The Noel Strengths Academy defines it this way:
A creative person is someone who comes up with ideas that are (1) original and (2) useful
- Creativity includes artistic achievement, but is not limited to it
- People who are creative enjoy thinking of novel and productive ways to describe and do things
- There is “BIG C” Creativity / “little c” creativity
- “little c” creativity refers to day-to-day creativity
- “Big C” creativity is reserved for those who accomplish once-in-lifetime, creative acts
- “Big C” creators understand that truly original and useful creativity requires hard work
- “Big C” creators are usually (eventually) completers
- Sparks of ingenuity
Source: Noel Strengths Academy
Life Is Beautiful (Creativity)
From the bestselling author of How We Decide comes a sparkling and revelatory look at the new science of creativity. Shattering the myth of muses, higher powers, even creative “types,” Jonah Lehrer demonstrates that creativity is not a single “gift” possessed by the lucky few. It’s a variety of distinct thought processes that we can all learn to use more effectively. Lehrer reveals the importance of embracing the rut, thinking like a child, and daydreaming productively, then he takes us out of our own heads to show how we can make our neighborhoods more vibrant, our companies more productive, and our schools more effective. We’ll learn about Bob Dylan’s writing habits and the drug addiction of poets. We’ll meet a bartender who thinks like a chemist, and an autistic surfer who invented an entirely new surfing move. We’ll see why Elizabethan England experienced a creative explosion, and how Pixar designed its office space to get the most out of its talent. Collapsing the layers separating the neuron from the finished symphony, Imagine reveals the deep inventiveness of the human mind, and its essential role in our increasingly complex world. from Johah Lehrer’s website.
From Kirkus Reviews, 04/15/96:
A mostly fascinating look at what makes creative people who they are, gleaned largely from interviews with 91 individuals from a wide variety of fields. Despite the subtitle, social psychologist Csikszentmihalyi, who invented the idea of “flow” and authored a book with that title, writes relatively little about the enjoyable, ego-and time- transcending absorption in a task that is conducive to creativity and high achievement. Rather, he focuses on the interplay creative person, and the “domain” (sociologese for “field”), including the receptivity of experts to new ideas and inventions. He quotes extensively–too much so–from the subjects he and his research team interviewed, but there are some gems among these passages, such as writer Madeleine L’Engle’s observation that to produce good literature, “your intuition and your intellect should be working together . . . making love.” Csikszentmihalyi’s weakest section consists of detailing ten personality polarities that supposedly distinguish creative individuals, but that are also applicable to “balanced” or “fulfilled” individuals. His best sections consist of longer profiles of individuals as varied as poet Anthony Hecht, ecologist Barry Commoner, and astronomer Vera Rubin. Also valuable is a concluding prescriptive section with some helpful advice to the average person on how to make his or her thinking and way of living more creative, particularly a passage on how to rethink and use a disappointing experiences, such as being passed over for a promotion. Unfortunately, redundancies make the work too long by at least a third, and some meaningless or fatuous generalizations alsomar the presentation (e.g., “Recent studies suggest that the amount of dalliance, marital infidelity and sexual experimentation [among creative people studied] is much less than earlier estimates had suggested”). Still, the rich anecdotal material Csikszentmihalyi has mined and analyzed make this an important study of a vital topic. ($40,000 ad/promo) — Copyright ©1996, Kirkus Associates, LP. All rights reserved.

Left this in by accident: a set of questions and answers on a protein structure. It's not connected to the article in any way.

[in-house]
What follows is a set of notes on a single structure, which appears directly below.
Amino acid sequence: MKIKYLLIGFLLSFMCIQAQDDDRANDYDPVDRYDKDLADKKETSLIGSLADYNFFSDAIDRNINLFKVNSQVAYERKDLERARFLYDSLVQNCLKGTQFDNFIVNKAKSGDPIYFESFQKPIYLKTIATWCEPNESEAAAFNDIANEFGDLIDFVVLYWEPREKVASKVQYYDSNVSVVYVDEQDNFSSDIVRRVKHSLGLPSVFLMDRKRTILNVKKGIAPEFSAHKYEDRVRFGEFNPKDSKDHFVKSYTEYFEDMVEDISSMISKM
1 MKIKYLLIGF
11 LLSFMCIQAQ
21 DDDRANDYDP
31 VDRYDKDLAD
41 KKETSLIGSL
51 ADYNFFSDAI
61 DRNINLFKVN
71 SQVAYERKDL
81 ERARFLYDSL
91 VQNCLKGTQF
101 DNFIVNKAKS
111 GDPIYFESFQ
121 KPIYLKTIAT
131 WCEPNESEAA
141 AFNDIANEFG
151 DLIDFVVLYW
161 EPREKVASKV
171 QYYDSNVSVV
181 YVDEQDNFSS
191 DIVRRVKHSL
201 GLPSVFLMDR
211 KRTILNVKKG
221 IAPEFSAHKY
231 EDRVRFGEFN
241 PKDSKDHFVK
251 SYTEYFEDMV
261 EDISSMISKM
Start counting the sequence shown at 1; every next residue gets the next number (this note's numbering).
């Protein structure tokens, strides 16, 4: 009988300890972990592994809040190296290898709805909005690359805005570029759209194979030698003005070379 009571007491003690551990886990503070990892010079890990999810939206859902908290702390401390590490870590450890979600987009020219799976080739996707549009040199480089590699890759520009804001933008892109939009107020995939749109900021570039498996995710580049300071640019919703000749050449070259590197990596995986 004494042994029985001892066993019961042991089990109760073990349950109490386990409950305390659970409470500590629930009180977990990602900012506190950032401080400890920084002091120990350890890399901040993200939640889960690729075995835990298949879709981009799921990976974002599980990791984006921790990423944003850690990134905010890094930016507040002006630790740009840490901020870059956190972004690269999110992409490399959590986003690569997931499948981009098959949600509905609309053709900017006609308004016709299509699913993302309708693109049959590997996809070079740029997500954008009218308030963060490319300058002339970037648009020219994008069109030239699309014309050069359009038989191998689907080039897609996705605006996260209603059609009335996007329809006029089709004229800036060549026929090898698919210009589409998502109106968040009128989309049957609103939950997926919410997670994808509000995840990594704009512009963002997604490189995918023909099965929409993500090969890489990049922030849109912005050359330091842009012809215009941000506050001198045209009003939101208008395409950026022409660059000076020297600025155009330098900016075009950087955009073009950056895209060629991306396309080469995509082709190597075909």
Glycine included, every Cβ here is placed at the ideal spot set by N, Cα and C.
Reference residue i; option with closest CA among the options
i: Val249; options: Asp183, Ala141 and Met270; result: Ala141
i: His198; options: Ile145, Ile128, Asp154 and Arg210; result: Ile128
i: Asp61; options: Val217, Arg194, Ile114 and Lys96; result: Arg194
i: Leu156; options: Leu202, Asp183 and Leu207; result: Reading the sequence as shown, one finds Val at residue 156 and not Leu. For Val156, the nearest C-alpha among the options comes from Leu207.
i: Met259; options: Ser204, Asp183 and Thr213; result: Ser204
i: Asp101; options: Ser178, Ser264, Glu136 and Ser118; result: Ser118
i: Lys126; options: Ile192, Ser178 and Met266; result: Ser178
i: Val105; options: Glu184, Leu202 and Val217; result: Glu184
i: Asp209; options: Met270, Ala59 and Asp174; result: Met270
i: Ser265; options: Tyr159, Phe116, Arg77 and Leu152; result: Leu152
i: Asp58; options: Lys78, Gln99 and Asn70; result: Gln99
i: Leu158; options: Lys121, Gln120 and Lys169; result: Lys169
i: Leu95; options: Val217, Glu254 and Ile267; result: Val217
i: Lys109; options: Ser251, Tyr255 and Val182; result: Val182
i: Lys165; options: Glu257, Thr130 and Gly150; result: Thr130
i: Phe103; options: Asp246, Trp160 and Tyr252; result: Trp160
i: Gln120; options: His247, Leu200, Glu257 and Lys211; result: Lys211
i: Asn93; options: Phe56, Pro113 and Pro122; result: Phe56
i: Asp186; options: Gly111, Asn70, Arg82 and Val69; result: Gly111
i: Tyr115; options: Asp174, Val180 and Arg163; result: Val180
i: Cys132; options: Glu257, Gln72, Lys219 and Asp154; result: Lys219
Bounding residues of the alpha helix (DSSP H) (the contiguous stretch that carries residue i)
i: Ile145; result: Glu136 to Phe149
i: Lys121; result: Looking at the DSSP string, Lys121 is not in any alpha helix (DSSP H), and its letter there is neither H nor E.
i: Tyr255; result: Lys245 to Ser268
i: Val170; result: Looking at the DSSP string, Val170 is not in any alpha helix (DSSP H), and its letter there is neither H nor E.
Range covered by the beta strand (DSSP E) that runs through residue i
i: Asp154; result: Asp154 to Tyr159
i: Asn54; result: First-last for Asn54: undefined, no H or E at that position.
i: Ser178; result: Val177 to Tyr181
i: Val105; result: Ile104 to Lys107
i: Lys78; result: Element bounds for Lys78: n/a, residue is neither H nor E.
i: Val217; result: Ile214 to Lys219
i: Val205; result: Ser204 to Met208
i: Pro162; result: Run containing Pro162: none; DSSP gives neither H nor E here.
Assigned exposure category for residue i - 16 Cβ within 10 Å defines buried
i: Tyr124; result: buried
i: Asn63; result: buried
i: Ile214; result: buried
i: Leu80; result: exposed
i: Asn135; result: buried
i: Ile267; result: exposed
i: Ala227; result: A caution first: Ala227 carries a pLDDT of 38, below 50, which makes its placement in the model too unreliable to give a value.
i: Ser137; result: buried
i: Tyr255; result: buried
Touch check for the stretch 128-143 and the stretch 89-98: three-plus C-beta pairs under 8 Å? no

Authentic Happiness Coaching Newsletters: Getting To Know Creativity